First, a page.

One company has recognized the absurdity of titling documents that describe information usage "privacy policies." Facebook no longer has a privacy policy. It now has a data use policy, a name that actually reflects the purpose of the policy.

Staddon did not immediately respond to an email seeking a definition of the term "privacy" as the word applies to her study. But let it suffice to say that "privacy" is a tricky word to define. As the Stanford Encyclopedia of Philosophy puts it, "The term 'privacy' is used frequently in ordinary language as well as in philosophical, political, and legal discussions, yet there is no single definition or analysis or meaning of the term." (As long as you don't type "define:privacy" into Google.)

Staddon's paper concedes that social media can pose privacy problems."The abundance of communication that social media enables clearly can lead to privacy problems, often with severe personal consequences," the paper says. "Jobs have been lost, marriages ended, and court cases won all because of unintended sharing of online social communication."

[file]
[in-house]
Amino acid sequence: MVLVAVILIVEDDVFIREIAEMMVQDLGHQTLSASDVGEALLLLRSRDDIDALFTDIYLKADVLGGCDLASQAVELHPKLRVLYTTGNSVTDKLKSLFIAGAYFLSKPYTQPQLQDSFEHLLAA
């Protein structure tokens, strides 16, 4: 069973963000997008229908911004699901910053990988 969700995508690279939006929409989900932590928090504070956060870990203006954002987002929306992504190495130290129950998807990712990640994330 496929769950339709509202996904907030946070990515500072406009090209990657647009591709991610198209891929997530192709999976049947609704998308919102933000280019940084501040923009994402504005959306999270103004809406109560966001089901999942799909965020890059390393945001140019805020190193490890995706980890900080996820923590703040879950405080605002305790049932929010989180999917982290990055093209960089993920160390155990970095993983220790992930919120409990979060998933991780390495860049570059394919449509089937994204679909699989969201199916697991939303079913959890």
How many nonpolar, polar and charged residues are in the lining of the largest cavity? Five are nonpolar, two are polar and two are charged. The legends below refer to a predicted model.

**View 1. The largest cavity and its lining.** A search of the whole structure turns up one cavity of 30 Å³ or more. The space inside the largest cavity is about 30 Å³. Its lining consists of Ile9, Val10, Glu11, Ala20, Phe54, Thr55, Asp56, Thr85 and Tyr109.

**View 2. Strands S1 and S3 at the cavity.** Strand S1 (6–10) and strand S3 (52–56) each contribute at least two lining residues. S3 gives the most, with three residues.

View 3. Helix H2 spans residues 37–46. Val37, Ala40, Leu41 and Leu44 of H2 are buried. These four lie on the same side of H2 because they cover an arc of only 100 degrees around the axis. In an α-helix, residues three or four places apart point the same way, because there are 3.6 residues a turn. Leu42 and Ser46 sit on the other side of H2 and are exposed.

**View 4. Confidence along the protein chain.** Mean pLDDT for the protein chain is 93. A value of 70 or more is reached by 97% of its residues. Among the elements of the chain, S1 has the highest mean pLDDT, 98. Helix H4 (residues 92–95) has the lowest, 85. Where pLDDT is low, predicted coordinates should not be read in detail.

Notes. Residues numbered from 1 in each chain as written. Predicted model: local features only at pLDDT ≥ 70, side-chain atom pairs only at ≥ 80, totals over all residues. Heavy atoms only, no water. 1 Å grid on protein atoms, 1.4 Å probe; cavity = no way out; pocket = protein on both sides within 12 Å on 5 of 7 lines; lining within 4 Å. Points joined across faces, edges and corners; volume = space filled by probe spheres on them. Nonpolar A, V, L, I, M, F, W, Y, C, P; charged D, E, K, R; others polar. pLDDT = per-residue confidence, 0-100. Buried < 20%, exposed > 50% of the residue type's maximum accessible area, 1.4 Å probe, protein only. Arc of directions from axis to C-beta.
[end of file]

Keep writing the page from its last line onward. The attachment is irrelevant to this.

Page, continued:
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Yet, Staddon counters that social media "also leads to huge privacy advantages by facilitating perception, both in terms of understanding of one's online self, particularly as driven by the inputs of others, and self-representation."

Are the benefits of social media huge enough to outweigh the chance of, say, losing custody of one's kids due to some ill-considered Facebook post? The paper avoids making that calculation. It argues that social media can enhance reputation and trust, but the studies cited "offer no judgment on whether social media is good for privacy in any absolute sense."

It would be rather useful to know whether social media is good for privacy in an absolute sense. Alas, the study's main point is that "it is possible to design social media systems that are engaging and supportive of privacy and trust."

For Google, that's good news. It just happens to have a social network. Imagine the problems the company would face were it not possible to design social media systems that are engaging and supportive of privacy and trust.